Even though the jeeps seat eight, we are still in groups of 4 and Reed mixes it up, so today we are with Doc and Carol who are from California. Doc is the photographer and Carol likes to ride in front and take a few pictures with her iPad. The older jeeps are a little harder to get into, but Siwandu offers cheater steps. Zach is our guide and he was very generous with information not only about the animals, but his country and personal life as well.
Selous is the largest game reserve in all of Africa and is roughly the size of Switzerland. It is “one of the last great wilderness areas on the continent.” 85% of Selous is available to big game hunters under control directives. It is a dying sport due to the high cost and the lack of big game in the hunting areas. The animals can roam freely and are smart enough to move to the protected areas. Today, revenue from photographers and those just out to see the animals is higher than what is brought in from hunters.
21% of all the hippos in Tanzania live in Selous. They live in family groups with a dominant male for approximately 20-25 years and eat only plants. Hippos kill more people in Africa than any other animal. A hippo can cut a man in half with one bite. We saw hippos mating from the shoreline; the female was completely underwater with the male on top. Female hippos give birth in the shallow water. If the baby is a male, the mother will stay with it on the land for a longer period of time than with a female baby since the dominant male will chase other males off. Baby hippos nurse underwater and can stay under a minute and a half. They have three eyelids with a membrane that acts as googles and they keep their eyes open underwater.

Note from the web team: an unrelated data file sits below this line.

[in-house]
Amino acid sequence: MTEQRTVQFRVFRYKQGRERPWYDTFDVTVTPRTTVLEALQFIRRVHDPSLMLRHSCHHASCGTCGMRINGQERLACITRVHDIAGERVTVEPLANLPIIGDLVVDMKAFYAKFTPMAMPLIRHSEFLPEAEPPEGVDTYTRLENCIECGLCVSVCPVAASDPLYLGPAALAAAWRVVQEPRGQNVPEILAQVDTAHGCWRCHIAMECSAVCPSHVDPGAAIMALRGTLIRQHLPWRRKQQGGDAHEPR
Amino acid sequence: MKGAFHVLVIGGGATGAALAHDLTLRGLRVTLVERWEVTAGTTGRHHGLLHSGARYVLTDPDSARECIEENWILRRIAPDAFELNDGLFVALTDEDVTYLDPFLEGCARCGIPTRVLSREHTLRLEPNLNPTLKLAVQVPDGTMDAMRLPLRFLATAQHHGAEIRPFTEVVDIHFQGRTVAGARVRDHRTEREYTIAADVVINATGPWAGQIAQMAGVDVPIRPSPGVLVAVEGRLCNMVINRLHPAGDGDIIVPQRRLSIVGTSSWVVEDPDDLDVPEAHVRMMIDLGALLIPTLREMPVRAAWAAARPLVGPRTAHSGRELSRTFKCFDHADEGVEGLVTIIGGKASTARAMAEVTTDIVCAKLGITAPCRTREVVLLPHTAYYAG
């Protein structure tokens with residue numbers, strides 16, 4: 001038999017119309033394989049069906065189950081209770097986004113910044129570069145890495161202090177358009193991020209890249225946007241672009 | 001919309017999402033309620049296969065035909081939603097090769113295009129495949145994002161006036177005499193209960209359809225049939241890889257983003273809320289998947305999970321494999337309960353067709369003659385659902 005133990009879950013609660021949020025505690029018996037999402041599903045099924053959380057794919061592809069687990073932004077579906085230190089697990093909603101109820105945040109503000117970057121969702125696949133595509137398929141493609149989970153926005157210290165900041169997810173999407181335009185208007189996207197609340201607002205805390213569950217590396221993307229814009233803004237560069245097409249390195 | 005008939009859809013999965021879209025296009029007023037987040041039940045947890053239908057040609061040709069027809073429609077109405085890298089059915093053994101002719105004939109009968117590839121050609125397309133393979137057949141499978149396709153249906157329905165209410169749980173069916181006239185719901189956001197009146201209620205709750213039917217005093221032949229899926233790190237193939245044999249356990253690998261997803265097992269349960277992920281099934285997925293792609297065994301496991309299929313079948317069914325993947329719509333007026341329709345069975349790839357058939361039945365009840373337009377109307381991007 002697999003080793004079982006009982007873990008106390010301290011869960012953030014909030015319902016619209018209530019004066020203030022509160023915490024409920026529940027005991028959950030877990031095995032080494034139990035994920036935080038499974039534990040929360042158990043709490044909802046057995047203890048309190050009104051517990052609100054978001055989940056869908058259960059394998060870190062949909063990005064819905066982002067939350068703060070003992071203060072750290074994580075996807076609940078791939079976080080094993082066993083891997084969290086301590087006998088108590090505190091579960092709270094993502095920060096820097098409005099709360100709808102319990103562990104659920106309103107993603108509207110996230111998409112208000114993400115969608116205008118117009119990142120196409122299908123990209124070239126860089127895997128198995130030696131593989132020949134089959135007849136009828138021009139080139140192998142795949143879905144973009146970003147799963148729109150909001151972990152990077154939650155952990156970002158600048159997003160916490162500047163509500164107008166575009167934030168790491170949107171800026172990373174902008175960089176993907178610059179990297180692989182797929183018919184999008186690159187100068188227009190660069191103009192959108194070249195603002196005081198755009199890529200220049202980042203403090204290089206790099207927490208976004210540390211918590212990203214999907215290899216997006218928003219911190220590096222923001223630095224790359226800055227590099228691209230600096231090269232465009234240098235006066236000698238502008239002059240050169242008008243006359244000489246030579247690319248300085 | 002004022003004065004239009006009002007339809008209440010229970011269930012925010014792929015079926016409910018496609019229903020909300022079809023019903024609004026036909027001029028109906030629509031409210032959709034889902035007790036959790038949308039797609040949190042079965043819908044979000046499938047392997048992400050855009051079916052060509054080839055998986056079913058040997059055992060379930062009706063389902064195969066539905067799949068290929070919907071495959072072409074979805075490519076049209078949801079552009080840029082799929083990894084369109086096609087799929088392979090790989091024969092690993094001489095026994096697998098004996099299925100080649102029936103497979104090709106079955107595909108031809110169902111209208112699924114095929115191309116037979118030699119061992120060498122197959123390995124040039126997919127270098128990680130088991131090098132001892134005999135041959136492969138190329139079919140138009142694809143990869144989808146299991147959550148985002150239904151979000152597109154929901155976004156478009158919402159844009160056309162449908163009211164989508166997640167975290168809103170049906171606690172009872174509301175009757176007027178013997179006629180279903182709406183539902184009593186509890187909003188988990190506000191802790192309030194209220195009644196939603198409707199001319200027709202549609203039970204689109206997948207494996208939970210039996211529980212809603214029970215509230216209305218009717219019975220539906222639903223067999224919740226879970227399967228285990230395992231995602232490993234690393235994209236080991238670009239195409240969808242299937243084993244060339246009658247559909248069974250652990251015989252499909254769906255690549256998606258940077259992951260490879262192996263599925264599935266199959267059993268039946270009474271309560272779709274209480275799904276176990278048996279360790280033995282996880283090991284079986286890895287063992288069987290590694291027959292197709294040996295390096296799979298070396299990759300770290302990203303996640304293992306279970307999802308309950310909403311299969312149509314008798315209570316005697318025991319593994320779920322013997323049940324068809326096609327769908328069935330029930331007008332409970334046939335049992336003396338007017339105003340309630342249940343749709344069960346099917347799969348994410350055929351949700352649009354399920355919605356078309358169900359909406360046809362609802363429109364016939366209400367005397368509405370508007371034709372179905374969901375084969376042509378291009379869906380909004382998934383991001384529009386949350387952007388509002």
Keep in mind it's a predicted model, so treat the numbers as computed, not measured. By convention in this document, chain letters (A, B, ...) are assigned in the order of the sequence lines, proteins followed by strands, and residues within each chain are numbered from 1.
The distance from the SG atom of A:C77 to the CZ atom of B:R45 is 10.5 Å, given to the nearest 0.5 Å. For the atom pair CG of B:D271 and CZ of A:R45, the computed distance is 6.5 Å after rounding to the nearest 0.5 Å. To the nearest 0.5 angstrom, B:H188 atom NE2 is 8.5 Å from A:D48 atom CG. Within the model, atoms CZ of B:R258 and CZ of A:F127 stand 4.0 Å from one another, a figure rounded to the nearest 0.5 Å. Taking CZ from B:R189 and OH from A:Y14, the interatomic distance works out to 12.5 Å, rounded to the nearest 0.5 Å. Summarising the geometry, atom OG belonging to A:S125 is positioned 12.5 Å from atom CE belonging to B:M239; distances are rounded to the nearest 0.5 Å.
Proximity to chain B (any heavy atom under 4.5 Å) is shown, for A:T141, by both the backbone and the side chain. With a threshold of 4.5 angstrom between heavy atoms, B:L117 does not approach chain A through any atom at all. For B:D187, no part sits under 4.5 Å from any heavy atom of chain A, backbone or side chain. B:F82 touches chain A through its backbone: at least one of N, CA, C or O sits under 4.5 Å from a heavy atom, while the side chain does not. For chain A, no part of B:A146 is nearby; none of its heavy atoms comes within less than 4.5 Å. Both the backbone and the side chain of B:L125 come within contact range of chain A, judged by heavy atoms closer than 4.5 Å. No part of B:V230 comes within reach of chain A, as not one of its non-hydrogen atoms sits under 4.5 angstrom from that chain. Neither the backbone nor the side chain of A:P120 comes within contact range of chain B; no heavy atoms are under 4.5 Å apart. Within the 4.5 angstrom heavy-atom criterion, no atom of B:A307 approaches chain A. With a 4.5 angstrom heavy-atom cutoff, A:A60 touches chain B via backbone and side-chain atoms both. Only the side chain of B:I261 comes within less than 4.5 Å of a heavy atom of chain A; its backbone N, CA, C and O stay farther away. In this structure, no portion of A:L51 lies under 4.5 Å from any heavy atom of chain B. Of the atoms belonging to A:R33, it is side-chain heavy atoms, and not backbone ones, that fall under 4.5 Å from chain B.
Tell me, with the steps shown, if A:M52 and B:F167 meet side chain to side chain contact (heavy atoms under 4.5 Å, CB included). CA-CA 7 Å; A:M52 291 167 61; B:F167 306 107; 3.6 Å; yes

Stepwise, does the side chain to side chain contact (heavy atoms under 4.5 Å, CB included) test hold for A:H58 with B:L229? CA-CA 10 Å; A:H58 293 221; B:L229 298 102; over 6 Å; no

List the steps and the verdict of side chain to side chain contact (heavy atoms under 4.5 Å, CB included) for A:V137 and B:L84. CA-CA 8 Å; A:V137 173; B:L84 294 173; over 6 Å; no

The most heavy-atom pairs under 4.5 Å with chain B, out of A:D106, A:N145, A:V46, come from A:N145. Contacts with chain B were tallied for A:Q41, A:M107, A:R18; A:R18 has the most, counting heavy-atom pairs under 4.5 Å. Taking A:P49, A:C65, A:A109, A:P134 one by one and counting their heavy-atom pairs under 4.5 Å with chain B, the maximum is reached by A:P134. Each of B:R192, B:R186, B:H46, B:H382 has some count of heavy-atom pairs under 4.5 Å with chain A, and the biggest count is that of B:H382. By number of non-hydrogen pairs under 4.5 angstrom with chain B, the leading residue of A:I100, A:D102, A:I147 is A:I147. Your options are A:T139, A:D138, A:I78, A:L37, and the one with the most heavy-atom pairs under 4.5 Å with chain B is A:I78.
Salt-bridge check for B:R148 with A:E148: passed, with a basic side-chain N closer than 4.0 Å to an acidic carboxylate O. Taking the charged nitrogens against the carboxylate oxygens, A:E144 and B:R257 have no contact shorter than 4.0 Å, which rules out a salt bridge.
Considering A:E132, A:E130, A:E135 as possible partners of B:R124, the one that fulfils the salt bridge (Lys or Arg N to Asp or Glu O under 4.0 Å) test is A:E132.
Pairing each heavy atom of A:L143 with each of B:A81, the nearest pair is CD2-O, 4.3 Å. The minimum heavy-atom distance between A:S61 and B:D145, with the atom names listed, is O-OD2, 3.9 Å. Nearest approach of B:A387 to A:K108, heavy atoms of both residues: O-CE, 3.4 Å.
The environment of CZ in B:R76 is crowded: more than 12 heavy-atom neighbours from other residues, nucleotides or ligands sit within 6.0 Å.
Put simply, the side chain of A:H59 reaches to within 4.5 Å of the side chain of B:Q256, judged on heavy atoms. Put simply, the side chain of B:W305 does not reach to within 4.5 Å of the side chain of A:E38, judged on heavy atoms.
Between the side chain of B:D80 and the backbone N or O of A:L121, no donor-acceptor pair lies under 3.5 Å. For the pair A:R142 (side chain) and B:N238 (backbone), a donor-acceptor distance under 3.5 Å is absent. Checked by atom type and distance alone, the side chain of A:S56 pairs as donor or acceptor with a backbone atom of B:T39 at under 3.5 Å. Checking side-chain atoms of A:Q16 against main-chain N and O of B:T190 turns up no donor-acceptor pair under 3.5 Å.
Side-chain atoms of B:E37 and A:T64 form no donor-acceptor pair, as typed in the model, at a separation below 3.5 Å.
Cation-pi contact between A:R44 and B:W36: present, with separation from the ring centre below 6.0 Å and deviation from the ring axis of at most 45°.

Zach was also generous with information about his country. Tanzania gained its independence in 1961 and added Zanzibar in 1964. There are 120 tribes in Tanzania. The country’s first President cleverly eliminated the chiefdoms by giving each chief a position in the government. The main language is Bantu-Swahili which was not an existing language, but was created as a business language so there could be communication among the tribes. Zach knows three tribal languages because of his family origins.
We saw lots of giraffes and impala, crocodiles and birds. We came into some open areas where we saw a few waterbuck. Their “toilet seat” ring was not as wide as that seen on the waterbuck in Jongomero, a regional difference we learned is true for many animals (like the color variations in zebra as you move north and south in the continent). The toilet seat ring gives off a particular scent during the first three weeks of the baby’s life when its eyesight is very poor; that’s one way to find your mom. Predators don’t like the taste of the hair, fat, and meat layers of the waterbuck; Zach has never seen one eaten.